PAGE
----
He writes a letter a week. Each week he writes and they ignore him. Eventually, months later, they send boxes and boxes of new books along with a letter. “Thank you, Mr Dufresne. Now please, stop writing to us!”
Persistence is the ability to follow one course until you’re successful.
There are many ways to build persistence in your children. These 5 steps are a simplified version that you can test out and adapt. Find a way that works for you.
It all starts by getting your children to see where their persistence will take them. You need their buy-in. There has to be something that they’re willing to work towards.
After you’ve found something that they want to pursue, the next step is to create a plan of daily effort to get there. Persistence is grown through small, deliberate, daily efforts. Small is key here. Something that will take a few minutes. I’ve written more about this on my article on Compounding and Momentum.
Doing something every day is hard work. We don’t often see the results of what we’re doing today until a lot of time and effort has passed. When most people don’t see results right away, they tend to quit. Children are no different. Help them continue the journey by celebrating their small victories each day. This can be as simple as acknowledging their efforts to be persistent. Get excited about it. Remind them that they’re learning something more important than they realise. This is one of the only ways to keep your children in the game and actively working towards something.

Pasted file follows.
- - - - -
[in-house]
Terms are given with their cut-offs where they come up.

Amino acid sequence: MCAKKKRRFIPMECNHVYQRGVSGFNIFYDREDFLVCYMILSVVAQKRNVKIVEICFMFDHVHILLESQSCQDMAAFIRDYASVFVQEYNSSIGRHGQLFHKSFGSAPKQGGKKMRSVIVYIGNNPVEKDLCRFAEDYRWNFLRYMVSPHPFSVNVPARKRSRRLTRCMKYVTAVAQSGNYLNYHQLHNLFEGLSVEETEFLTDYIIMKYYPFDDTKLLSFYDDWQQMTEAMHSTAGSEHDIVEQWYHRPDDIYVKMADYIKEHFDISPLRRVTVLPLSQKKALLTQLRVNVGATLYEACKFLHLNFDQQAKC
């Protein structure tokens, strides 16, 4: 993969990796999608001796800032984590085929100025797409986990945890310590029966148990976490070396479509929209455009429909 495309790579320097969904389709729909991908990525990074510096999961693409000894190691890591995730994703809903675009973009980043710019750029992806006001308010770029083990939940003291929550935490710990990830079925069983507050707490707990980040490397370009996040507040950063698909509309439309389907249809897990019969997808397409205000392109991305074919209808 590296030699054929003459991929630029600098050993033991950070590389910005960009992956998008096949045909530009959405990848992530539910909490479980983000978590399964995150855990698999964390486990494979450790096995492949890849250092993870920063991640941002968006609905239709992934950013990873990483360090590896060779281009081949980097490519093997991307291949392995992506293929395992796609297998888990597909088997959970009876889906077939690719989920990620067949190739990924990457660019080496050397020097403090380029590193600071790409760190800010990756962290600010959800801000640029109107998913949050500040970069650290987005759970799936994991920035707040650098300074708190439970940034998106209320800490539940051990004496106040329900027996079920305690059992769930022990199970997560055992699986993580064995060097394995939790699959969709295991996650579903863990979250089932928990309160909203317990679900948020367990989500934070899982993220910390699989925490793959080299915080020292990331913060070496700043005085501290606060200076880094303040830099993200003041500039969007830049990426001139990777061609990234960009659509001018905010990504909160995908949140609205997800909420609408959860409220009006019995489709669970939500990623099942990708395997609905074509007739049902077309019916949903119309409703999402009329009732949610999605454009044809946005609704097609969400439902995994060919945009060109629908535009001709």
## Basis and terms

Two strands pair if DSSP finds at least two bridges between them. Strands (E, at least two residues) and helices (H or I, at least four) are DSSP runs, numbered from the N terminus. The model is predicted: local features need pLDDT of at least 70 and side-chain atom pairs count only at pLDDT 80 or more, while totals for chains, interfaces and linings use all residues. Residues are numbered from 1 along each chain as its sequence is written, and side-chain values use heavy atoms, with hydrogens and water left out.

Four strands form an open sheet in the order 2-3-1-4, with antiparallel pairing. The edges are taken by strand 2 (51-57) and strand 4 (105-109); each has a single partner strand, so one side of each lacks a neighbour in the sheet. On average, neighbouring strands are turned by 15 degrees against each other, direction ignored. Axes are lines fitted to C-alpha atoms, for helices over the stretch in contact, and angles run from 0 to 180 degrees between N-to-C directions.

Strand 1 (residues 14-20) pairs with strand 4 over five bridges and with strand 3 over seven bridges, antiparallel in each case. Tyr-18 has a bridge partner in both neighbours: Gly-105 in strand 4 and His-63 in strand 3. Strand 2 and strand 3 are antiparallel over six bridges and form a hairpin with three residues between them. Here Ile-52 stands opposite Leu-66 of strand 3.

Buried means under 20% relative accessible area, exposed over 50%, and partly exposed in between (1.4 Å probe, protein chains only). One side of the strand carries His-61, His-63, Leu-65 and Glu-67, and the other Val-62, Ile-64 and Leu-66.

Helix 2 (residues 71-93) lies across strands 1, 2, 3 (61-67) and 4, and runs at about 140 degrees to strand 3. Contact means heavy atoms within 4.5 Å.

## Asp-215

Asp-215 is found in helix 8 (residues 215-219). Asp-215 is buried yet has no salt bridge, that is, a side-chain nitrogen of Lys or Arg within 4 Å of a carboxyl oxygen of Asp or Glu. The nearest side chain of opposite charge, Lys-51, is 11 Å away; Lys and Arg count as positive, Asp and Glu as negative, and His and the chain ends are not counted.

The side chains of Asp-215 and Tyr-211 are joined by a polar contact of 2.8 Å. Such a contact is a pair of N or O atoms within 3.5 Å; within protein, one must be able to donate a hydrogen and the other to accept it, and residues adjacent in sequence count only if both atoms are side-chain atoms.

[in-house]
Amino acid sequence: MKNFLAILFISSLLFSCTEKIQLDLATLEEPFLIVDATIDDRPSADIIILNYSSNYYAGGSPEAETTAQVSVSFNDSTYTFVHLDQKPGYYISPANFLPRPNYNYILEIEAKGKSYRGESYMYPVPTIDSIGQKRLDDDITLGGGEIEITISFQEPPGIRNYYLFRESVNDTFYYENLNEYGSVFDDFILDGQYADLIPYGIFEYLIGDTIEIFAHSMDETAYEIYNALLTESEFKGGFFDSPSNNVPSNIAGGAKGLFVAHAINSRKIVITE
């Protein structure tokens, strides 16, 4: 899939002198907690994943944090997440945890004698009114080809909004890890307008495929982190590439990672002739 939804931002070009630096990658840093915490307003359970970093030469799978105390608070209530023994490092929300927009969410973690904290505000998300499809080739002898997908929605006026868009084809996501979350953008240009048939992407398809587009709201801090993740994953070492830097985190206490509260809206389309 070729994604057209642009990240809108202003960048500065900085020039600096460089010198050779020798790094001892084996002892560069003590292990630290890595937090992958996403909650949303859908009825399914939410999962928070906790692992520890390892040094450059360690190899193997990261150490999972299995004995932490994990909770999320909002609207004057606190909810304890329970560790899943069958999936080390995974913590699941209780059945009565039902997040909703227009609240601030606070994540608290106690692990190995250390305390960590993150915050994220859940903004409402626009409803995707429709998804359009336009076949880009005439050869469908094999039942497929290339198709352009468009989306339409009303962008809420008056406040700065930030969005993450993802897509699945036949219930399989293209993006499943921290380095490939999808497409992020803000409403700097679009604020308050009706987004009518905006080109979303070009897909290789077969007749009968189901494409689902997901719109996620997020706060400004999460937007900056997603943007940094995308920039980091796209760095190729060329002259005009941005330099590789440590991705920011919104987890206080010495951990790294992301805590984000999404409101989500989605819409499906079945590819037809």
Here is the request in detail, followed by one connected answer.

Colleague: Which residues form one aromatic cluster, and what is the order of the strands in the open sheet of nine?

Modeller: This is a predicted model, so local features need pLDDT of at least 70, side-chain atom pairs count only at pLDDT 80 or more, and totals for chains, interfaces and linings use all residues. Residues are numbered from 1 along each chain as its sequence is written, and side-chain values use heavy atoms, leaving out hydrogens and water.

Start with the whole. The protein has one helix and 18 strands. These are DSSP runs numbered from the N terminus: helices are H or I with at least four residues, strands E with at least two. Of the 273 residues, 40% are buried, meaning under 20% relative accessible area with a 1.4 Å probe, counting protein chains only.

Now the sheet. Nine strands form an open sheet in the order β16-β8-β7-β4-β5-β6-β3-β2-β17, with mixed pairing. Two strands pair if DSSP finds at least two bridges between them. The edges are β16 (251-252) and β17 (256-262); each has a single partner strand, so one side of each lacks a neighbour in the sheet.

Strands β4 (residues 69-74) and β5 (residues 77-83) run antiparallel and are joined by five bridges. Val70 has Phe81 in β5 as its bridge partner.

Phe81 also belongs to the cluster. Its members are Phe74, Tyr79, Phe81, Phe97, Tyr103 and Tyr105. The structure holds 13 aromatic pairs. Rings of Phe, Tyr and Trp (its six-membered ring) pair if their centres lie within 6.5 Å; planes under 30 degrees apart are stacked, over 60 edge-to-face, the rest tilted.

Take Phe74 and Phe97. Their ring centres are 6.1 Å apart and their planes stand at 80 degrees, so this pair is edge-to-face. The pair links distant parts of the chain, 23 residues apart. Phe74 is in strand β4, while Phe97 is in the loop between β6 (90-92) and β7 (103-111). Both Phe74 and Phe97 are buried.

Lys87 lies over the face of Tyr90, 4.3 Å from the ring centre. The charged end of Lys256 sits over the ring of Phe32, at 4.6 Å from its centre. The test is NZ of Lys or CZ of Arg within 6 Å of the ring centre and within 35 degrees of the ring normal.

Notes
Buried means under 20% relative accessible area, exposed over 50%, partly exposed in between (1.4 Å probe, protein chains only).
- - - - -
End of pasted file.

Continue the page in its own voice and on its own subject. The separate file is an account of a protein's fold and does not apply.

If there’s a way that you can measure their progress, do it. When we see ourselves progressing towards something and we can measure how far we have come, we see the real magic that comes with persistence.
When something is boring, there’s not much value in doing it. When you help your children create a fun way to achieve their goals and build their persistence, you teach them to see their challenges as an opportunity.
I’ve written about persistence first because it’s critical to success. It’s not the only quality you children will need, but with persistence, they can have just about anything they want. Show me a successful person and I’ll show you a long history of conscious persistence that led them to where they are today.
Until next time,
© The Brilliance Quotient 2018